Charles Dickens wrote so many weighty texts that it's often rumored he was paid by the word. In fact, high school kids often dread reading his work in English classes, because the renowned author is known for creating lengthy novels like the massive, 135,420-word "A Tale of Two Cities." Dickens wasn't actually paid by the word, but now modern-day writers can cash in on their huge books thanks to Amazon's new payment plan.
Under new guidelines, Amazon will pay some authors every time a Kindle reader turns the page. So, the longer the eBook, the bigger the payout the author receives, right? Not so fast. The new structure will only reward authors when pages are turned and viewed long enough to read, so writing a huge novel isn't quite good enough. Buyers have to actually read it, too.
Under the old system, Amazon paid authors based on the number of downloads. The new system is designed to reward authors who create more interesting and engaging content.
"We think this is a solid step forward," a spokesperson for Amazon told me in an email. "Our goal, as always, is to build a service that rewards authors for their valuable work, attracts more readers, and encourages them to read more and more often."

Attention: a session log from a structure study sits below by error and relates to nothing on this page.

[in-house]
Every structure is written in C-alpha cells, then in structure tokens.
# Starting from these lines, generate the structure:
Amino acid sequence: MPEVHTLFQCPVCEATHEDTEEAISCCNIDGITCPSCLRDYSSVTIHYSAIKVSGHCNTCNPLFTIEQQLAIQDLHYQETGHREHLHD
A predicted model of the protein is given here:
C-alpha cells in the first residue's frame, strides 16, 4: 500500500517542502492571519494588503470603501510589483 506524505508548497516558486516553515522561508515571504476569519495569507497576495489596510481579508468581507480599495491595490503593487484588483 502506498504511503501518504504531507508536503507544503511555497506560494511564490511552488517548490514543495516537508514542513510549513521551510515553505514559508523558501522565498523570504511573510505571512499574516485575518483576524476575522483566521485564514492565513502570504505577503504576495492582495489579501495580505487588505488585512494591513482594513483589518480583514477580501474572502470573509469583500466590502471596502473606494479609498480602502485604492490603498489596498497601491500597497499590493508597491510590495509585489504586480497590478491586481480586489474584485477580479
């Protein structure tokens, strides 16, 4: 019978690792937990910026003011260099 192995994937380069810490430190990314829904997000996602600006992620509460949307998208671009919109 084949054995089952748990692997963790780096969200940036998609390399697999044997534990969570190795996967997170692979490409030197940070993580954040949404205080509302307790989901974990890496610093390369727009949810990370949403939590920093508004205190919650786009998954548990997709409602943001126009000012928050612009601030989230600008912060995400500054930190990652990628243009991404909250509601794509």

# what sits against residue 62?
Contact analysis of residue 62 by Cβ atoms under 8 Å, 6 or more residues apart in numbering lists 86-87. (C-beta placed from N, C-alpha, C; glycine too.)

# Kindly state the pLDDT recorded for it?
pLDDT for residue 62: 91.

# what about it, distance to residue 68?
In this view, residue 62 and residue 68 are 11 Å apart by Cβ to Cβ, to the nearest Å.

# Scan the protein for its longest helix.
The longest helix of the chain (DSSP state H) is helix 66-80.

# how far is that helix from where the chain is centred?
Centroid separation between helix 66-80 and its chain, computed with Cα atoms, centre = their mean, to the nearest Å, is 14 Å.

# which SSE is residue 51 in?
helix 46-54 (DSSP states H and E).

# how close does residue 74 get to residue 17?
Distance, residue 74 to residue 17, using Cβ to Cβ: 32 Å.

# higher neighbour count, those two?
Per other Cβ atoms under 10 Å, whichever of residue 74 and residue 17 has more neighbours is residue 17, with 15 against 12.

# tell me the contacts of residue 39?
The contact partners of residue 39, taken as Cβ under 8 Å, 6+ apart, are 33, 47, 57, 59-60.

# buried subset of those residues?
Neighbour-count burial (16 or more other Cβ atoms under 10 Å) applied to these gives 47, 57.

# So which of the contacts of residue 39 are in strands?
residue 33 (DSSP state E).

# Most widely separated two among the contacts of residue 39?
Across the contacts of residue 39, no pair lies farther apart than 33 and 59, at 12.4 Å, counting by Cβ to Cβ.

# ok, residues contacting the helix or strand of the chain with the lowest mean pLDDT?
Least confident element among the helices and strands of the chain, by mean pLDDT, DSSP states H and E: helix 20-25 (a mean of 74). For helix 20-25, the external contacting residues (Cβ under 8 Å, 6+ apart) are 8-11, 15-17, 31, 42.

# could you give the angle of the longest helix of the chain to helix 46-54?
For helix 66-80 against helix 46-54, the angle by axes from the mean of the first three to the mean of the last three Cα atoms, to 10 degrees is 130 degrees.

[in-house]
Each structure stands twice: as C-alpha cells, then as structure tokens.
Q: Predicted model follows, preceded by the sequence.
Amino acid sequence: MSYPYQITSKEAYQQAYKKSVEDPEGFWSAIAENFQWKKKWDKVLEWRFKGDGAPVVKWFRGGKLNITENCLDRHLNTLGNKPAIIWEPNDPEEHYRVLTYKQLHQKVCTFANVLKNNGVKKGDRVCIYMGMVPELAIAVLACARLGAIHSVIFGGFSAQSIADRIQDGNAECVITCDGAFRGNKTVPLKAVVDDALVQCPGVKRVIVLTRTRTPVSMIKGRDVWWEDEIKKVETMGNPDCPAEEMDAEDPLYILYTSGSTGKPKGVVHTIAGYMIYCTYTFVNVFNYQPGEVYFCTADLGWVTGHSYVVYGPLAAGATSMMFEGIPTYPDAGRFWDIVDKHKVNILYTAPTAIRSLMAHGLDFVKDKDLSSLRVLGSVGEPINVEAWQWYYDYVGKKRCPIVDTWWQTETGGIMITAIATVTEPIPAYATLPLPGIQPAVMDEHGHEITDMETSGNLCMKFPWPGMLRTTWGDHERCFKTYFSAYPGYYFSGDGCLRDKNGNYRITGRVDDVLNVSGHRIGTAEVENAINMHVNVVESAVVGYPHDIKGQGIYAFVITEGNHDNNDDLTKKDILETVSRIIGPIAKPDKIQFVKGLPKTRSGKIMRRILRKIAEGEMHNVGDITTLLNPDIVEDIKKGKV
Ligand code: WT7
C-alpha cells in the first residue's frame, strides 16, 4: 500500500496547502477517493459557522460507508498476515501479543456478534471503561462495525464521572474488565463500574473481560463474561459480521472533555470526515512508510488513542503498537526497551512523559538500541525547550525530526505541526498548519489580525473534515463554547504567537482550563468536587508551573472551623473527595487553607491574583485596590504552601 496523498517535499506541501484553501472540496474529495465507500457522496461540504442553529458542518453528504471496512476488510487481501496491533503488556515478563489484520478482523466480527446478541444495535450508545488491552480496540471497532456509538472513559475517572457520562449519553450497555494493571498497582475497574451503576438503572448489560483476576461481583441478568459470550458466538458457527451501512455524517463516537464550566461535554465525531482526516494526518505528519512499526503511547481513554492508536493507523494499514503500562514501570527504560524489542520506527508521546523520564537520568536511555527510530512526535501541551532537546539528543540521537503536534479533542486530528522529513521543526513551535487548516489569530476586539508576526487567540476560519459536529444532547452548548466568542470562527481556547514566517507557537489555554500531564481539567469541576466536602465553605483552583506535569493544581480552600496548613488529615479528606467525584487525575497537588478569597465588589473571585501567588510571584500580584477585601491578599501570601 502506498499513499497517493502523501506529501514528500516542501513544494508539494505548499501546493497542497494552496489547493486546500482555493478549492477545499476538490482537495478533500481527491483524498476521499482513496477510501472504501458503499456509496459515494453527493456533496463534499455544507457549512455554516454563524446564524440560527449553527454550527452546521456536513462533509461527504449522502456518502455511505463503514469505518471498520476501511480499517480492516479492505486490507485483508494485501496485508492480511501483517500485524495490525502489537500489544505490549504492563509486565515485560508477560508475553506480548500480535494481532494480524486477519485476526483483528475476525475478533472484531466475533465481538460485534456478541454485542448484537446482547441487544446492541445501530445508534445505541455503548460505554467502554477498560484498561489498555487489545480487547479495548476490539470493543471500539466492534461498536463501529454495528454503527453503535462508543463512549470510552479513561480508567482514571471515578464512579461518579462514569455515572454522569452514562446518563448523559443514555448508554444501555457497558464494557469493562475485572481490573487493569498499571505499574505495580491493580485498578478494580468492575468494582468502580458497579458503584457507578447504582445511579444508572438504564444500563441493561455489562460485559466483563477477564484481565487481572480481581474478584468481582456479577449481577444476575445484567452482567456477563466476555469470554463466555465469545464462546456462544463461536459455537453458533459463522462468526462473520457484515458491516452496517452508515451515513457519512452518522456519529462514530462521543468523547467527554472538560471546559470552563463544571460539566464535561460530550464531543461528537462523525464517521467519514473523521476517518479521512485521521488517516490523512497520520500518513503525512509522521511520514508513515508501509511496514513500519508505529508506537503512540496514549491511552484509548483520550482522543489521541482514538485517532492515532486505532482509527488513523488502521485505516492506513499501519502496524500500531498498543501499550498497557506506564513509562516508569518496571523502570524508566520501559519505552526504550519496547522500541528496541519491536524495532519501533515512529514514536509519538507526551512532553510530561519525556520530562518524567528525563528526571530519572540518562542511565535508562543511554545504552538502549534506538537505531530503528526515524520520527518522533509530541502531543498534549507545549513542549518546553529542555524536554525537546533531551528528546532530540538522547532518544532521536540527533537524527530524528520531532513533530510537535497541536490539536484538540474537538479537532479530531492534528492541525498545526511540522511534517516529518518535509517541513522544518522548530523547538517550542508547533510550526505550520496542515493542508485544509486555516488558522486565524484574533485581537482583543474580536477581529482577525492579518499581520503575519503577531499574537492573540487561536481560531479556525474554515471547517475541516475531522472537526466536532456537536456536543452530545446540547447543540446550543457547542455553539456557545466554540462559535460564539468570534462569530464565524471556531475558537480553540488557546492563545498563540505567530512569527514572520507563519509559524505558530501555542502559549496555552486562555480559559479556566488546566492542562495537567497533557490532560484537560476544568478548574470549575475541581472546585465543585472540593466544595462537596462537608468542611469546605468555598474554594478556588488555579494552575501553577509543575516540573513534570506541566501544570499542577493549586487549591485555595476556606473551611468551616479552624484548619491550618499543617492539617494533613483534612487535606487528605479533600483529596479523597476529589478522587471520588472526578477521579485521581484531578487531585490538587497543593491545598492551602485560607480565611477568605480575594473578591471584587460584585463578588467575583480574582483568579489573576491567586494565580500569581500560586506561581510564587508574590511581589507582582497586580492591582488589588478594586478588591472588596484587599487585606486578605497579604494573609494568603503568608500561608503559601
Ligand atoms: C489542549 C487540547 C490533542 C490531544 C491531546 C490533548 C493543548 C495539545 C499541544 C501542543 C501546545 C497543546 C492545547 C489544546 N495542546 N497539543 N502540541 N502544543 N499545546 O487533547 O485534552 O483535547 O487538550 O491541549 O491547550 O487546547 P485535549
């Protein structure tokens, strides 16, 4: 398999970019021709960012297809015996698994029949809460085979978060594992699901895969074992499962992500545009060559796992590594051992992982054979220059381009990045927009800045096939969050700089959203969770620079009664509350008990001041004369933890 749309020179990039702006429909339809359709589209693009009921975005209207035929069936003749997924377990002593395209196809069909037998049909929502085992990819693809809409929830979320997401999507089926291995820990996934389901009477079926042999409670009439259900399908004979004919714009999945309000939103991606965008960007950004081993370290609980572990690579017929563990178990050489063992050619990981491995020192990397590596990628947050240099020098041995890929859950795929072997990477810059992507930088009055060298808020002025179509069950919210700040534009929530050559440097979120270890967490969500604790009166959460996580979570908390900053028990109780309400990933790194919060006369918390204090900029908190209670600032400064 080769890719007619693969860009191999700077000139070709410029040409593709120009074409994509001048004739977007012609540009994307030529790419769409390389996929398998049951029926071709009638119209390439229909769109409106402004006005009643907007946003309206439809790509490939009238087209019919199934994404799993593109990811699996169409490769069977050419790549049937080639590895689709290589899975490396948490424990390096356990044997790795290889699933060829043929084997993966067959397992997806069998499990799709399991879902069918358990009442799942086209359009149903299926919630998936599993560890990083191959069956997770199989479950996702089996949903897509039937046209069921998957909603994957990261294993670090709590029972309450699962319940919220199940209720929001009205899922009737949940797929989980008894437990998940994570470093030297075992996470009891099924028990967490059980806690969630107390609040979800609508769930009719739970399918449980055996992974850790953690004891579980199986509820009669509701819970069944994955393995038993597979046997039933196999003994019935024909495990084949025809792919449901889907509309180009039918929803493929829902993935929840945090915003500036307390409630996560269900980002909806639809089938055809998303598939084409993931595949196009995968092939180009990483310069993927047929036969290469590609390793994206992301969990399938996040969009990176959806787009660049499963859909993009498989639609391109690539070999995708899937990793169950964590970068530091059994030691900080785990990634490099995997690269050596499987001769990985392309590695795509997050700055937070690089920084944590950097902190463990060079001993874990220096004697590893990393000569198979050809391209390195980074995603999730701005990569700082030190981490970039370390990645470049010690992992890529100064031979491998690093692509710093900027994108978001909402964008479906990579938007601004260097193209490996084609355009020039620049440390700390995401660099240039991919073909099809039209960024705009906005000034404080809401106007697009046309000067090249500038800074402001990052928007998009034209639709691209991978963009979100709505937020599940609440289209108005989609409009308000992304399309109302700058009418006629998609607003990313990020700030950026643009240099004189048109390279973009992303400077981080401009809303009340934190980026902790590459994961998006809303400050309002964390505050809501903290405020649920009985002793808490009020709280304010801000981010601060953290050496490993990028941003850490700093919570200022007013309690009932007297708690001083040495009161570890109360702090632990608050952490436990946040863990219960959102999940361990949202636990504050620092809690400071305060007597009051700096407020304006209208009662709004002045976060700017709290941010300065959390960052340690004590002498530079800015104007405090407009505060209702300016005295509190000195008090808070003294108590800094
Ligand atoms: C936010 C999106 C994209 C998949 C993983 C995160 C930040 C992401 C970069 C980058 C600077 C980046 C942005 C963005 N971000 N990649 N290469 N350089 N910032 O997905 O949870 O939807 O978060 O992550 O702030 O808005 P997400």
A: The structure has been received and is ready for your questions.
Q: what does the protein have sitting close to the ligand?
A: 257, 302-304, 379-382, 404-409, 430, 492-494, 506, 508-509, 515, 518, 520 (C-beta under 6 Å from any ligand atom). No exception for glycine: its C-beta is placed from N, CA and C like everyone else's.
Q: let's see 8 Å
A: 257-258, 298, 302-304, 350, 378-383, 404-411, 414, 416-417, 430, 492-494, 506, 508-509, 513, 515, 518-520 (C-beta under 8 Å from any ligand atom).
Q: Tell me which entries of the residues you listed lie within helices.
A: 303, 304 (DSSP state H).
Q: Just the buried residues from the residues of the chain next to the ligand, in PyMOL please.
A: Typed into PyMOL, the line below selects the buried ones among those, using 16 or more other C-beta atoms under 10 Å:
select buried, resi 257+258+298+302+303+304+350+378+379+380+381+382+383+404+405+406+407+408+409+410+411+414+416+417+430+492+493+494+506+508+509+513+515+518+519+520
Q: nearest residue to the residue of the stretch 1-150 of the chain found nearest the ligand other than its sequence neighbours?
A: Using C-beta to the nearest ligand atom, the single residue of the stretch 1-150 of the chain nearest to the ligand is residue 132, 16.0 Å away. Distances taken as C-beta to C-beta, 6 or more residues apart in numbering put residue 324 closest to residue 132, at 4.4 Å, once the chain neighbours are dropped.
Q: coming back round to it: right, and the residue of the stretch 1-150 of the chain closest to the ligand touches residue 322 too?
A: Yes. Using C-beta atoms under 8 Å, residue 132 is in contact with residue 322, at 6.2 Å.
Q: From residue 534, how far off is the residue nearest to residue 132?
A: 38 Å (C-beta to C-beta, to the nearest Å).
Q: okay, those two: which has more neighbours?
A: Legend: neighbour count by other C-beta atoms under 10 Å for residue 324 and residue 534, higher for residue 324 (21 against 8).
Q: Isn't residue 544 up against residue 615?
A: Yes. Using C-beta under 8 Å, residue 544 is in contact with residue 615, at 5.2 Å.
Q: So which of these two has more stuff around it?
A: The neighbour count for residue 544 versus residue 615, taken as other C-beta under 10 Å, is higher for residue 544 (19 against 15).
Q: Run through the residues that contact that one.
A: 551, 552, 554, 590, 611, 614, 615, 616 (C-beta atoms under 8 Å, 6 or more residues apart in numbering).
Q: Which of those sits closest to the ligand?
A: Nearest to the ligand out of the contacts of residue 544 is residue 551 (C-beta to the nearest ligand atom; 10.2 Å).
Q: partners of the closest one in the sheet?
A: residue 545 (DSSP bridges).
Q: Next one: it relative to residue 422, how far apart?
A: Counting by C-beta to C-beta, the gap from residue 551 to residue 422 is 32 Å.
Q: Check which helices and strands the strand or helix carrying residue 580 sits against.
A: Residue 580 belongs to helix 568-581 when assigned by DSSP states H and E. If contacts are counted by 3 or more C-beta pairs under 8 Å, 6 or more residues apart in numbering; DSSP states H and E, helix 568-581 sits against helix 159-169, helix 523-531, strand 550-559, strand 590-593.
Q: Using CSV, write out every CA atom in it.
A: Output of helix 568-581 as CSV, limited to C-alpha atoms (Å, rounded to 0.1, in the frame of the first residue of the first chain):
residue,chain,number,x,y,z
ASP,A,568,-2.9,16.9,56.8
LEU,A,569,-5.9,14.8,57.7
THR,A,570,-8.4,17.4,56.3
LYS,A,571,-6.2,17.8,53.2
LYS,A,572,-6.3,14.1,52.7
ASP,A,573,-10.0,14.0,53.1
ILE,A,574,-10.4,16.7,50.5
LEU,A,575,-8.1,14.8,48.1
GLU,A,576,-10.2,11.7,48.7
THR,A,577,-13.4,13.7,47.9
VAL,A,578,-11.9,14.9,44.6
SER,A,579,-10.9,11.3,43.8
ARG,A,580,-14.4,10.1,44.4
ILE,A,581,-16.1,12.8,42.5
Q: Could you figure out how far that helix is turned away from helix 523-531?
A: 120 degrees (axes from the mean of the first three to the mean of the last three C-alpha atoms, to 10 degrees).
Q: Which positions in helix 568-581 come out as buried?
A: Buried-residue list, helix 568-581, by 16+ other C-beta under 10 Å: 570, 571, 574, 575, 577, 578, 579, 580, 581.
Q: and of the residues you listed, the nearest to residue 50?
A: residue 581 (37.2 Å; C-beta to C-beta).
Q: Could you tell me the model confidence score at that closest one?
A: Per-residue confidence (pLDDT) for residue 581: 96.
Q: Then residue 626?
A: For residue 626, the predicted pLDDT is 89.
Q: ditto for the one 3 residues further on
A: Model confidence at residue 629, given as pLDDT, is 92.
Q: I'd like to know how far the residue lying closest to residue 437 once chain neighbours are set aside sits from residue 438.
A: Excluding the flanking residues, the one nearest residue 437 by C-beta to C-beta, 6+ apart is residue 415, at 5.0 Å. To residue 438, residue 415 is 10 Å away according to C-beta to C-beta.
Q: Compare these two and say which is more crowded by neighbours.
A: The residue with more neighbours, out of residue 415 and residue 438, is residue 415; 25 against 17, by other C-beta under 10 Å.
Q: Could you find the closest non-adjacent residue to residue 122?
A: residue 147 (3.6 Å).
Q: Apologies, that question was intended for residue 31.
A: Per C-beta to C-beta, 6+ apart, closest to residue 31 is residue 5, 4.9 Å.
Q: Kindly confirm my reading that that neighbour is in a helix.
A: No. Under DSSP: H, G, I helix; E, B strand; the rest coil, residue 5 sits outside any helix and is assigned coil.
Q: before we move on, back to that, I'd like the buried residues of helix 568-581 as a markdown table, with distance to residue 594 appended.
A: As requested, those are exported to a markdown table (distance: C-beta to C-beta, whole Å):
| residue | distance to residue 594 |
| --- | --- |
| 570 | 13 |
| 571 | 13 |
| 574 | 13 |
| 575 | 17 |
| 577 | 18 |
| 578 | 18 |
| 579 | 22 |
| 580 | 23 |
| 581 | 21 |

Until this new payment system goes into effect in July, it's unclear how it will affect Kindle eBooks. It could lead to more compelling cliffhangers that keep you on the edge of your seat, because authors are incentivized more than ever to convince you to turn the page. But, quality could also suffer. For example, writers could now try to add fluff to shorter pieces just to lengthen an eBook and potentially earn more money.
But there may not be many rewards for the people who are writing short either. If I work hard to be pithy and crisp in order to keep the reader’s skittish attention, there will be fewer pages to read, and less money to be earned.
Apparently photos and illustrations will also count toward total pages read. So perhaps authors will pad their page counts by including more pictures to push their words on to more pages. This change won't affect all authors. The new payment model only applies to books read through Kindle Unlimited and the Kindle Online Lending Library.
By the way, Amazon provided some sample calculations of the value of each page read. According to the memo sent to writers, we can guesstimate how much Dickens would earn under Amazon's new payment formula. Based on an "A Tale of Two Cities" spanning about 500 pages, if every page were read 100 times in a single month, Dickens could earn $5,000. Apparently being wordy can be profitable.